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A rare cause of colonic obstruction "colonic intussusception": report of two cases.

Yoldas T, Karaca AC, Ozturk S, Unver M, Calıskan C, Korkut MA - Case Rep Surg (2015)

Bottom Line: Mostly being malignant, the leading lesions are rarely benign lesions where intraluminal lipomas are the most frequent among them.Most adult intussusceptions require surgical resection owing to two major reasons: common presence of a leading lesion and significantly high risk of malignancy-reaching as high as 65% regardless of the anatomic site-of the leading lesion.This paper represents two cases of adult colocolic intussusception caused by intraluminal lipomas with a brief review of the literature.

View Article: PubMed Central - PubMed

Affiliation: Department of General Surgery, Ege University Faculty of Medicine, Izmir, Turkey.

ABSTRACT
Colocolic intussusceptions are rare clinical entities in adults and almost always caused by a leading lesion which often warrants resection. Mostly being malignant, the leading lesions are rarely benign lesions where intraluminal lipomas are the most frequent among them. Most adult intussusceptions require surgical resection owing to two major reasons: common presence of a leading lesion and significantly high risk of malignancy-reaching as high as 65% regardless of the anatomic site-of the leading lesion. Resection of the affected segment is usually the treatment of choice, since preoperative diagnosis of the lesion is usually ineffective and most leading lesions are malignant. This paper represents two cases of adult colocolic intussusception caused by intraluminal lipomas with a brief review of the literature.

No MeSH data available.


Related in: MedlinePlus

Tomographic view of the intussuscepted transverse colon.
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Related In: Results  -  Collection


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fig1: Tomographic view of the intussuscepted transverse colon.

Mentions: Further examination with abdominal tomography revealed diffuse thickening of the transverse colon wall along a 9 cm segment and colocolic intussusception (Figure 1). Endoscopic examination clearly visualized intraluminal fatty lesion leading to intussusception in the distal segments of the transverse colon accompanied with nonnecrotizing intussusception.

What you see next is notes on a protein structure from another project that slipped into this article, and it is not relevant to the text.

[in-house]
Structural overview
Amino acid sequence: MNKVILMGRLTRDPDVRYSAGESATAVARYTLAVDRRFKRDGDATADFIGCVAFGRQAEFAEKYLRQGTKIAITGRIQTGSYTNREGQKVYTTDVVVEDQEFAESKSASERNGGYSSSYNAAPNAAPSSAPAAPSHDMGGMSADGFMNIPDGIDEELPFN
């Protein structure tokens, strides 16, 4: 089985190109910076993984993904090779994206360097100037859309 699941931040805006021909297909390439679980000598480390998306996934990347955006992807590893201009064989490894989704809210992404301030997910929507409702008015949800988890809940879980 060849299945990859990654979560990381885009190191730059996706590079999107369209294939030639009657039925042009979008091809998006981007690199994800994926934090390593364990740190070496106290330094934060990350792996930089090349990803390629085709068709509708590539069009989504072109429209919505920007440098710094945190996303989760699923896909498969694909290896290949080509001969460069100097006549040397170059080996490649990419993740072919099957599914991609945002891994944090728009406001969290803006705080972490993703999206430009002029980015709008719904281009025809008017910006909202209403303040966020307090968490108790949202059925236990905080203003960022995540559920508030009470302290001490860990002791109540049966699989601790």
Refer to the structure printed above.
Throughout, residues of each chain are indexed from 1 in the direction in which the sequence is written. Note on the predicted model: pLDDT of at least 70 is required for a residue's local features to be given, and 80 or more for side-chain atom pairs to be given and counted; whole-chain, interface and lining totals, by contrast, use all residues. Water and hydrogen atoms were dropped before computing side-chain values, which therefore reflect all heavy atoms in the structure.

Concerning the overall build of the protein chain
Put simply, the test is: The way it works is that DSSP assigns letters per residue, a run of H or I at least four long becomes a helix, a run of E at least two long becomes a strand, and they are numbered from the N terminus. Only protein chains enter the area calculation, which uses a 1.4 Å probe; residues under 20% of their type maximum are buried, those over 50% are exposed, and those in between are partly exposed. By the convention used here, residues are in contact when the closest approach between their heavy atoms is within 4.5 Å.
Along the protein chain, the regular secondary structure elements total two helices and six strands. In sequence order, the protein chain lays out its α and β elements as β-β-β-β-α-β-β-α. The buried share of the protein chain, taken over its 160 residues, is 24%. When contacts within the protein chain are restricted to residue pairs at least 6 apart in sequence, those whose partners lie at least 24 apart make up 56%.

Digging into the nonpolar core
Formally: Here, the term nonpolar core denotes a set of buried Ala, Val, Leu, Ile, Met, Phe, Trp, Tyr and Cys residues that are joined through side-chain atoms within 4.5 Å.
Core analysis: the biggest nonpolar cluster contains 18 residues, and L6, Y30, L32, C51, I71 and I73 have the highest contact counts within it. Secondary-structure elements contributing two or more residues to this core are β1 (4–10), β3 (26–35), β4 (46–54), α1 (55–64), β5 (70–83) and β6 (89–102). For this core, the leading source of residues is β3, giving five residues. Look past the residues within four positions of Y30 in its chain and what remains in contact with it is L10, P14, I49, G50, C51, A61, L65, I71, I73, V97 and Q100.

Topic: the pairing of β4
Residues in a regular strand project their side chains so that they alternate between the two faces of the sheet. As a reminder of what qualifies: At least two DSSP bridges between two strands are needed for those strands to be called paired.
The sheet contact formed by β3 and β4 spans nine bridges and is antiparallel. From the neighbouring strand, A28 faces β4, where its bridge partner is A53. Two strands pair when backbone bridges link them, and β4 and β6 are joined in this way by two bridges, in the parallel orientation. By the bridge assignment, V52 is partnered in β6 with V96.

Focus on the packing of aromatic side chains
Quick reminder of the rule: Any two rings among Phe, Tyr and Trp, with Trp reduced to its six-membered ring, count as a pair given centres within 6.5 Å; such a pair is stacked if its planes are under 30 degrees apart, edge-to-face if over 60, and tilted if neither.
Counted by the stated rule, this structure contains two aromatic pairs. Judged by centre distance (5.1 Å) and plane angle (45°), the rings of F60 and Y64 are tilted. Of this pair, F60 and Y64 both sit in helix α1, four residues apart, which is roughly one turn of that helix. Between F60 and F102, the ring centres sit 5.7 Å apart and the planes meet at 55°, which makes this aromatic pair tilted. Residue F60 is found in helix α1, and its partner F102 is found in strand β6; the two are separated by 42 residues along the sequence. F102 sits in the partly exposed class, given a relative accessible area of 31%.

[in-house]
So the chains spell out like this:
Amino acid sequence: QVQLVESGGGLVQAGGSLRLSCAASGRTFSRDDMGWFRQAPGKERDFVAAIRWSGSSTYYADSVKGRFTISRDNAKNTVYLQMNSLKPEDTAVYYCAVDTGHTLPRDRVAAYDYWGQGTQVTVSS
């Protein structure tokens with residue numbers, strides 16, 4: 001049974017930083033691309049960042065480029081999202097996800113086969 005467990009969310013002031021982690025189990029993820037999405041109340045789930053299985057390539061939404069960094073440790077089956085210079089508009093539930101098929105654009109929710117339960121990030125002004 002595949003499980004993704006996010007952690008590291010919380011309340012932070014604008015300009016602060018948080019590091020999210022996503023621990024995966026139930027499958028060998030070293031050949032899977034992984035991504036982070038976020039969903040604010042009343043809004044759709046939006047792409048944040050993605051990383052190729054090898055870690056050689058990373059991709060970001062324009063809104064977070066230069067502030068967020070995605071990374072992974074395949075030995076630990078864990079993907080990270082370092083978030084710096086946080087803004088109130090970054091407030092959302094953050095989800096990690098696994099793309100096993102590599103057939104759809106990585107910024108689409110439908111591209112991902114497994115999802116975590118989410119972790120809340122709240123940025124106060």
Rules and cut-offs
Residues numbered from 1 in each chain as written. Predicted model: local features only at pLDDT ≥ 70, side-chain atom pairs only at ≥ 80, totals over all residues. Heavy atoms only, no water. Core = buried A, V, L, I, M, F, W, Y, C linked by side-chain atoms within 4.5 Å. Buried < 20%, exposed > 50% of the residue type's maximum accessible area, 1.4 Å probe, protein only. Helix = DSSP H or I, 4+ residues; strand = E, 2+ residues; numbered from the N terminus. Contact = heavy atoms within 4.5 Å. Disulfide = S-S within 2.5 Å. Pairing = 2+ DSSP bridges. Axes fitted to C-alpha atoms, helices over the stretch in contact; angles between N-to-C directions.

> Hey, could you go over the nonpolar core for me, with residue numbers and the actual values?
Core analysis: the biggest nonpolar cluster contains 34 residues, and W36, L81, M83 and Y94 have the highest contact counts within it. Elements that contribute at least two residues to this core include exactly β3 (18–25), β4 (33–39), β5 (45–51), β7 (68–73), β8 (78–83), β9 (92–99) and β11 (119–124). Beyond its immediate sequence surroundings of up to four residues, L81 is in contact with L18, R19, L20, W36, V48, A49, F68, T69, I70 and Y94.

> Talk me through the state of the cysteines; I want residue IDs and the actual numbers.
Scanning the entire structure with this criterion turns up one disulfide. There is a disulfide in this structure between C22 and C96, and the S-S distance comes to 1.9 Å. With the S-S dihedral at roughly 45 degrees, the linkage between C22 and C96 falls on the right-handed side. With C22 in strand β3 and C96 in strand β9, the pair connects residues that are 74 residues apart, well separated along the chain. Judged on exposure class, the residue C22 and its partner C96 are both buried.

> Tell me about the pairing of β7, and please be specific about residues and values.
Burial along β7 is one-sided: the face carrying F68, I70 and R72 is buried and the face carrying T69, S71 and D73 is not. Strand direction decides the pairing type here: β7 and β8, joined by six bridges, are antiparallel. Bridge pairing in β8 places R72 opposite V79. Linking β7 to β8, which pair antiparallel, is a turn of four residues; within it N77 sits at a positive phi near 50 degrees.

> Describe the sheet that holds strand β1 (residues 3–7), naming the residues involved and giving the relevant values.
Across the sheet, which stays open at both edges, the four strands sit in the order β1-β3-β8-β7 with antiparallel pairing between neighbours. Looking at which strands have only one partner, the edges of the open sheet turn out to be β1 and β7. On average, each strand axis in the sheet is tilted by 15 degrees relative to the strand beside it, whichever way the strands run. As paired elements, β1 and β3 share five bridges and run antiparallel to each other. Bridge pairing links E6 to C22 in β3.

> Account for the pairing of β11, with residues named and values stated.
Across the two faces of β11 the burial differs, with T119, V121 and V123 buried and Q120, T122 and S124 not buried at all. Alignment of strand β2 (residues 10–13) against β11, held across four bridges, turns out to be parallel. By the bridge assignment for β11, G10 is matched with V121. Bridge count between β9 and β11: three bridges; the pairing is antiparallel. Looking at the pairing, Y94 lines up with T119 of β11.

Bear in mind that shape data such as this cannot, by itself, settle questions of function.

A rare cause of colonic obstruction "colonic intussusception": report of two cases.

Yoldas T, Karaca AC, Ozturk S, Unver M, Calıskan C, Korkut MA - Case Rep Surg (2015)

Tomographic view of the intussuscepted transverse colon.
© Copyright Policy - open-access
Related In: Results  -  Collection

Show All Figures
getmorefigures.php?uid=PMC4377455&req=5

fig1: Tomographic view of the intussuscepted transverse colon.
Mentions: Further examination with abdominal tomography revealed diffuse thickening of the transverse colon wall along a 9 cm segment and colocolic intussusception (Figure 1). Endoscopic examination clearly visualized intraluminal fatty lesion leading to intussusception in the distal segments of the transverse colon accompanied with nonnecrotizing intussusception.

Bottom Line: Mostly being malignant, the leading lesions are rarely benign lesions where intraluminal lipomas are the most frequent among them.Most adult intussusceptions require surgical resection owing to two major reasons: common presence of a leading lesion and significantly high risk of malignancy-reaching as high as 65% regardless of the anatomic site-of the leading lesion.This paper represents two cases of adult colocolic intussusception caused by intraluminal lipomas with a brief review of the literature.

View Article: PubMed Central - PubMed

Affiliation: Department of General Surgery, Ege University Faculty of Medicine, Izmir, Turkey.

ABSTRACT
Colocolic intussusceptions are rare clinical entities in adults and almost always caused by a leading lesion which often warrants resection. Mostly being malignant, the leading lesions are rarely benign lesions where intraluminal lipomas are the most frequent among them. Most adult intussusceptions require surgical resection owing to two major reasons: common presence of a leading lesion and significantly high risk of malignancy-reaching as high as 65% regardless of the anatomic site-of the leading lesion. Resection of the affected segment is usually the treatment of choice, since preoperative diagnosis of the lesion is usually ineffective and most leading lesions are malignant. This paper represents two cases of adult colocolic intussusception caused by intraluminal lipomas with a brief review of the literature.

No MeSH data available.


Related in: MedlinePlus